Having a Disability in Appalachia: Political, Social, and Cultural Considerations

Abstract

Having a Disability in Appalachia: Social, Political, and Cultural Considerations

Dr. Karen McComas, Principal Investigator

Sara Henson, Co-Investigator

Research Staff:  Megan Foster, Hilliary Johnson, and Jordan Lewis

The International Classification of Functioning, Disability, and Health (ICF) classifies a disability as a function of both health conditions and social influences.  At a macro-systemic level, this classification is the basis for diagnostic and therapeutic treatments and benefits for individuals with disabilities that may impact quality of life. Despite the implications of the ICF’s classification (or any classification system, for that matter), individuals with disabilities do not possess the same characteristics or have similar self-concepts.  Other factors can influence individuals on a micro-systemic level, including their culture. Of particular interest in this study are those individuals who live in cultures rooted in tradition with limited and unequal distribution of resources (e.g., financial, human, and medical), such as the Appalachian culture. Given the relationship between the ICF classification and the micro-system of an individual with a disability, it stands to reason that it is important to learn more about how factors in people’s micro-systems influence their lives.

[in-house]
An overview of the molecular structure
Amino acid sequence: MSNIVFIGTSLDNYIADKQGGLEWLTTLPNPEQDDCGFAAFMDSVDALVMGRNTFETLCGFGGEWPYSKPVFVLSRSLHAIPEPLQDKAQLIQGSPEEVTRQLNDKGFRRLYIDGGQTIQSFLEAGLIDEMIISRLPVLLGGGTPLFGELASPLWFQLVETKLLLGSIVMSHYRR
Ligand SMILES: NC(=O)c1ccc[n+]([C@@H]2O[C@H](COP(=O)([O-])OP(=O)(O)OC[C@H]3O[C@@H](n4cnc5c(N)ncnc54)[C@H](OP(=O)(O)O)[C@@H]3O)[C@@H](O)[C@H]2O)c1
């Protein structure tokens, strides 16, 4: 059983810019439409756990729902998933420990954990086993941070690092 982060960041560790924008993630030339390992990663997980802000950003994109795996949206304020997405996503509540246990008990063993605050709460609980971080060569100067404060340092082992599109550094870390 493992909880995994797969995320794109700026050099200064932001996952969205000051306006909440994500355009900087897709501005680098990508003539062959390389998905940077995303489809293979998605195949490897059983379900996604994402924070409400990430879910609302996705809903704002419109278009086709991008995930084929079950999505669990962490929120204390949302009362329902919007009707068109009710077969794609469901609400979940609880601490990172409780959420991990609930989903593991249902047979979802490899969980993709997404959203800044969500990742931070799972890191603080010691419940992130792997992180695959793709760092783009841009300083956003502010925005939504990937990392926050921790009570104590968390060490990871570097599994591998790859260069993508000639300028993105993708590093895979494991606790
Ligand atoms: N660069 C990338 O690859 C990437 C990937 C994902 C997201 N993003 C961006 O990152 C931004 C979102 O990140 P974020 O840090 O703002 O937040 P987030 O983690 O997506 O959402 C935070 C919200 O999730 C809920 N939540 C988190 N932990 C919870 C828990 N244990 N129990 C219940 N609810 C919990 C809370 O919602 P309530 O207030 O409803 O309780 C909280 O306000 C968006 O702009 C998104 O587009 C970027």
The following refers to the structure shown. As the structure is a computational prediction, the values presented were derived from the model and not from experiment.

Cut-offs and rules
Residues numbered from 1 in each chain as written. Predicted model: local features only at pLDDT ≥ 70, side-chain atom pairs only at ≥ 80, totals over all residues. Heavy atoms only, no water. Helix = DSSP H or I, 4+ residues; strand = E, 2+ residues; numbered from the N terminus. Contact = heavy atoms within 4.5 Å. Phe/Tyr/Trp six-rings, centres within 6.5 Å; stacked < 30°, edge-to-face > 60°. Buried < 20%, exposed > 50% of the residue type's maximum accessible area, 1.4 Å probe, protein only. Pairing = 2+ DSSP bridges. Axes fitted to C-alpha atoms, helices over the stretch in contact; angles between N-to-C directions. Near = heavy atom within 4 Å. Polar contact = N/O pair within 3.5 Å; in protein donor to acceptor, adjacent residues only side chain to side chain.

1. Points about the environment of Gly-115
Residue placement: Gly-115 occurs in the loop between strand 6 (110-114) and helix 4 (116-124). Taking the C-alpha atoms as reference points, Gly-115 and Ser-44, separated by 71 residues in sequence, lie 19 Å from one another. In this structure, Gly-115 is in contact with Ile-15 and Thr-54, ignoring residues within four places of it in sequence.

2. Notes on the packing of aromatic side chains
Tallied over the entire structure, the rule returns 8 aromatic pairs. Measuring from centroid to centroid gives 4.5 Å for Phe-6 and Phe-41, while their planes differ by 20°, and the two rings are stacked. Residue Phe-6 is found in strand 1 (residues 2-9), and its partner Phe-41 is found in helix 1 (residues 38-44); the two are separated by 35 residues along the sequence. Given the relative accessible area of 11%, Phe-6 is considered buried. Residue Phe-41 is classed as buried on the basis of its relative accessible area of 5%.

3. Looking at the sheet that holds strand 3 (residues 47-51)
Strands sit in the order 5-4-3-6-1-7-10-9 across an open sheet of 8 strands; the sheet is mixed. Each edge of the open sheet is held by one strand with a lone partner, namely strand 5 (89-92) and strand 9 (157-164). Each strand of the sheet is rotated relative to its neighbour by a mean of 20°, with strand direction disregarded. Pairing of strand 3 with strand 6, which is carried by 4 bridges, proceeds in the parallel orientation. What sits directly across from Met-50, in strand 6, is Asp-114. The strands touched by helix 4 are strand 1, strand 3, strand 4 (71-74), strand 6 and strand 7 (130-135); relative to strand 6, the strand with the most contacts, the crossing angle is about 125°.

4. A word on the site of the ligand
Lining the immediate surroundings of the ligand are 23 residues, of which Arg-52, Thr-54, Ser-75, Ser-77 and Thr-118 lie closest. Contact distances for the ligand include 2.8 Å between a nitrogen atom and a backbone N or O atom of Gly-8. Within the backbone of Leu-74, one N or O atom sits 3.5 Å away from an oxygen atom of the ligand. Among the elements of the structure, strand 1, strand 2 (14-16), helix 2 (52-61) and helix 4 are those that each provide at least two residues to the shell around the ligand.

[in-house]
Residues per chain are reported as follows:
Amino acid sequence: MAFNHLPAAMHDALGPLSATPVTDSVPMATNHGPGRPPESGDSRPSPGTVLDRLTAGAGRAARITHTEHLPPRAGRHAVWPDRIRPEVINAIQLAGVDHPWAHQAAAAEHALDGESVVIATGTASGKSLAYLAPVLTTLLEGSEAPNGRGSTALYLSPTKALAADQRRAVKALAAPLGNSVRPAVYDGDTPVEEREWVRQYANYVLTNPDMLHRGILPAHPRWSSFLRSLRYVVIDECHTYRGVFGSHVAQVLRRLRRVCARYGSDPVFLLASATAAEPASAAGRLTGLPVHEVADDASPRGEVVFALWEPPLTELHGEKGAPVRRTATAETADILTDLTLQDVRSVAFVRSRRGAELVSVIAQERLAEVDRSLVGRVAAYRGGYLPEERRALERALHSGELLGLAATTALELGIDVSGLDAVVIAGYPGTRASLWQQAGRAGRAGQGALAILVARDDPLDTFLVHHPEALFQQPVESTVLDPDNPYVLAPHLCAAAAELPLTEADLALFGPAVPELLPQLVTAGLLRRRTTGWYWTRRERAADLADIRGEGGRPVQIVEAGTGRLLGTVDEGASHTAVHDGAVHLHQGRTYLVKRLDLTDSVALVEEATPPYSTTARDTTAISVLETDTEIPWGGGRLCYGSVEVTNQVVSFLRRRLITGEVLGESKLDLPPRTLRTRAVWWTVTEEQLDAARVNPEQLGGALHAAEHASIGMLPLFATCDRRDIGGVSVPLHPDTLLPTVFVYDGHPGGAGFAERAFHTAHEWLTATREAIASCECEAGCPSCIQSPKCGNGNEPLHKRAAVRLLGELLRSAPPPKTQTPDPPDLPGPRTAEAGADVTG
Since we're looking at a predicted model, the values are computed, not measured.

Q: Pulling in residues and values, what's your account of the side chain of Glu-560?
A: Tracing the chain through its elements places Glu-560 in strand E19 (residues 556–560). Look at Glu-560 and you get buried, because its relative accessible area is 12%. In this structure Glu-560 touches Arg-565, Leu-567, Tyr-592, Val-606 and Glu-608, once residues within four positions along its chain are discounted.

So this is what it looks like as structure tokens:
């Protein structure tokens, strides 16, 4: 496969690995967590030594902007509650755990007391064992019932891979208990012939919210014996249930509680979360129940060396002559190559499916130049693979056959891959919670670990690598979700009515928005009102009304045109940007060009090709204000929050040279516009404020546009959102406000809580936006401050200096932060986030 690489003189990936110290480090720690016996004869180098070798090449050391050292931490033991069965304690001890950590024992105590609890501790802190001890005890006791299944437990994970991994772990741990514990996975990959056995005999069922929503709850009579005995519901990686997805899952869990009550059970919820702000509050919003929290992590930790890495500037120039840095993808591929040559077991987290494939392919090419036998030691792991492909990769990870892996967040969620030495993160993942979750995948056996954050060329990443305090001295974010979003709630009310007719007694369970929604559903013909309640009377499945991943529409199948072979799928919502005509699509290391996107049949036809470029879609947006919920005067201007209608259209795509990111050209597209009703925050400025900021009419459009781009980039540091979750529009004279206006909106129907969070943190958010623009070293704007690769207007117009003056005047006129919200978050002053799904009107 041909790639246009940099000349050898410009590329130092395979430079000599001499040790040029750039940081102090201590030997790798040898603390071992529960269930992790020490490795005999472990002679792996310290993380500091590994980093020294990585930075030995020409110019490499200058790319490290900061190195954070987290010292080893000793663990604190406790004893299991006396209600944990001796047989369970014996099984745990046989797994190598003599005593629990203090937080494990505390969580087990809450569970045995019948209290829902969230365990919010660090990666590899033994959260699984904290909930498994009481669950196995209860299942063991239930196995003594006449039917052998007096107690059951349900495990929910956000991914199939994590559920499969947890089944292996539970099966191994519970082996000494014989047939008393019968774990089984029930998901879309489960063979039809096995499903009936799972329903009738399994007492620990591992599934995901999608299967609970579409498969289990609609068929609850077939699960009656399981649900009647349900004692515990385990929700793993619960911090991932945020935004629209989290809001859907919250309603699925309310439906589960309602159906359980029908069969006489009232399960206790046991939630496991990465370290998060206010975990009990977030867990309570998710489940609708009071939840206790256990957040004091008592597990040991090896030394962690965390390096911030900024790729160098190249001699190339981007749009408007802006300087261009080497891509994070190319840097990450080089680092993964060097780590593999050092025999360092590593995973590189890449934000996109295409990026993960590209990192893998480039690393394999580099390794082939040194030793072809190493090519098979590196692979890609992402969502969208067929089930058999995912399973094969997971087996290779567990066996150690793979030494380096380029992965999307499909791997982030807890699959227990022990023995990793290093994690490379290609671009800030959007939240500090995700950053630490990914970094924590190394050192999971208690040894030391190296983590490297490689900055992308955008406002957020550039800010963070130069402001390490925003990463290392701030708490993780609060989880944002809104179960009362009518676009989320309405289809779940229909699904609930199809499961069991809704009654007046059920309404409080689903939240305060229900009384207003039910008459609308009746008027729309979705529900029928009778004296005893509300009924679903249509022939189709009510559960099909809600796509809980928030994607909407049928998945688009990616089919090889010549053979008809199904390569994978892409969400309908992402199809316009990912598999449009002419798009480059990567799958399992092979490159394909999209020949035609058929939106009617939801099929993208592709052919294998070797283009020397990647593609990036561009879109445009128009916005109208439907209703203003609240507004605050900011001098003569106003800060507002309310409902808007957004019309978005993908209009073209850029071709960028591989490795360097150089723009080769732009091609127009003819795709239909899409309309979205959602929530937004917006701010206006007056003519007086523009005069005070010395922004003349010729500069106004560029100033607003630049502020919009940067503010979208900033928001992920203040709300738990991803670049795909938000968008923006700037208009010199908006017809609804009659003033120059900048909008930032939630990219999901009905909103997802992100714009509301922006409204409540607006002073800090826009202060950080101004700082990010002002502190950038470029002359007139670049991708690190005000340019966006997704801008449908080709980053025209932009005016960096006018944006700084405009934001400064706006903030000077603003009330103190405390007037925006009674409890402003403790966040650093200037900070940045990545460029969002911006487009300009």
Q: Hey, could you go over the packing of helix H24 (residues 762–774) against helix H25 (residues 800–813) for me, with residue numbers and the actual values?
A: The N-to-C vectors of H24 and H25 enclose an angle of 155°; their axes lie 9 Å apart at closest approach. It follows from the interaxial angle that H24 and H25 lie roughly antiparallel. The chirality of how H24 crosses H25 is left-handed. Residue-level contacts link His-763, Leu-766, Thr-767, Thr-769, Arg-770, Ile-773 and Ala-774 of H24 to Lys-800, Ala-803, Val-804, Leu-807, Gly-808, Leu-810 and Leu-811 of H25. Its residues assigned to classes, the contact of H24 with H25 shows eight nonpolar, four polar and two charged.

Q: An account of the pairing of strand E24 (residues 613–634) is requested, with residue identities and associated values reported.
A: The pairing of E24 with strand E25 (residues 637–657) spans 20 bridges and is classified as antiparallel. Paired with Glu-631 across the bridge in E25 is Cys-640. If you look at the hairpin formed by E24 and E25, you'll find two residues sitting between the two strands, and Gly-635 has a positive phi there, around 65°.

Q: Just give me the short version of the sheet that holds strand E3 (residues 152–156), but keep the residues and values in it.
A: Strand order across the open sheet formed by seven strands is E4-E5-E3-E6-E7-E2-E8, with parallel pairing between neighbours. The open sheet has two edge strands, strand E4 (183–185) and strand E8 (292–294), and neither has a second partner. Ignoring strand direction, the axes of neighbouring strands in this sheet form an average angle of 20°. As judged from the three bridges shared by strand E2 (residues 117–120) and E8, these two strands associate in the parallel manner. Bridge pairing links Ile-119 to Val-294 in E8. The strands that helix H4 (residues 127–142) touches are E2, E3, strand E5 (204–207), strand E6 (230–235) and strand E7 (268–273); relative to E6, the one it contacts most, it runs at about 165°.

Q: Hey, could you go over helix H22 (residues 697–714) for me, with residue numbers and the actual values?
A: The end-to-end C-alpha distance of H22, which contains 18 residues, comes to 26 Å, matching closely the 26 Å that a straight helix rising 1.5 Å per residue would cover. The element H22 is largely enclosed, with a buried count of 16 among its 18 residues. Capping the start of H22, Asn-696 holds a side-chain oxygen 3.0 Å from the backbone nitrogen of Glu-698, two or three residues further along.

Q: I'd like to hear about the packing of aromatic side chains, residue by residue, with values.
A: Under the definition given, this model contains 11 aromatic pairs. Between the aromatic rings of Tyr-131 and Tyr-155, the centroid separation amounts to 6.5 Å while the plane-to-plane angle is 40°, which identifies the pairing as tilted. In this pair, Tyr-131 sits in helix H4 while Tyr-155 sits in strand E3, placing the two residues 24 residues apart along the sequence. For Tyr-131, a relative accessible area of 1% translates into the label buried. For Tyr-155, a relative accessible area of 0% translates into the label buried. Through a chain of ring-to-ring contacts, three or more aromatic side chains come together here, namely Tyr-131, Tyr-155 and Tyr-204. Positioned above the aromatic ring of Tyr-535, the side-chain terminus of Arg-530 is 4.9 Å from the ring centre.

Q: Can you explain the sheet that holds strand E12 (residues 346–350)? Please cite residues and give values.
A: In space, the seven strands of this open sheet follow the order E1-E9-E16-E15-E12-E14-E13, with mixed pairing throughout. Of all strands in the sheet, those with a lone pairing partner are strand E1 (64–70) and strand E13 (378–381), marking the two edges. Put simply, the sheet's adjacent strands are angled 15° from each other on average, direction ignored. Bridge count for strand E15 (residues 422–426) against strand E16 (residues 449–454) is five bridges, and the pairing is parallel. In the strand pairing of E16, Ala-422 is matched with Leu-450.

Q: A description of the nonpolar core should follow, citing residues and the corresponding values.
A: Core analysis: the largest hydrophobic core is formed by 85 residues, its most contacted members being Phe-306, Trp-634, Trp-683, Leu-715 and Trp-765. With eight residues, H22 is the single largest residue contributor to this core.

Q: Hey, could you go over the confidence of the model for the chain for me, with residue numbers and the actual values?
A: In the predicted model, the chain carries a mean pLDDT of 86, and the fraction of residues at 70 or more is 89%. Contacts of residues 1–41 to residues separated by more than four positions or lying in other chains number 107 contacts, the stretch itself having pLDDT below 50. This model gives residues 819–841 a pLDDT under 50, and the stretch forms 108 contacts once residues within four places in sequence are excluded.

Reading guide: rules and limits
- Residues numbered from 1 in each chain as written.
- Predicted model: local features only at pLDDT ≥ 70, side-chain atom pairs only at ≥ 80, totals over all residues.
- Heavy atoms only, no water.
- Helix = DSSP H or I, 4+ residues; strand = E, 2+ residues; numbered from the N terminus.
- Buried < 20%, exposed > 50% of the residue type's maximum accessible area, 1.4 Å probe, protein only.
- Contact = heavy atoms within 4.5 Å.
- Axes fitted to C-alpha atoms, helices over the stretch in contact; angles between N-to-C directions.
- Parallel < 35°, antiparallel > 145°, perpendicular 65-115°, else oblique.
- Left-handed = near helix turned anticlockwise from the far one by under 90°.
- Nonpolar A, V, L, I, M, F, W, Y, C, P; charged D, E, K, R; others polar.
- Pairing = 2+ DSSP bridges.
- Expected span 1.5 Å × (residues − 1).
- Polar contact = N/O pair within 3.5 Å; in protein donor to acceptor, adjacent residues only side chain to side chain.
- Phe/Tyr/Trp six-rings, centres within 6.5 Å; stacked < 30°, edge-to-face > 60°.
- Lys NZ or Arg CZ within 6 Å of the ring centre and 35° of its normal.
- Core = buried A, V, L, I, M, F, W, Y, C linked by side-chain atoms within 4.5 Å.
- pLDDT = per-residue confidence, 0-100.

The primary aim of this study is to develop an understanding of the lives and experiences of persons with disabilities.  A secondary aim of this study is to explore those lives and experiences in the context of a micro-system that includes being from Appalachia.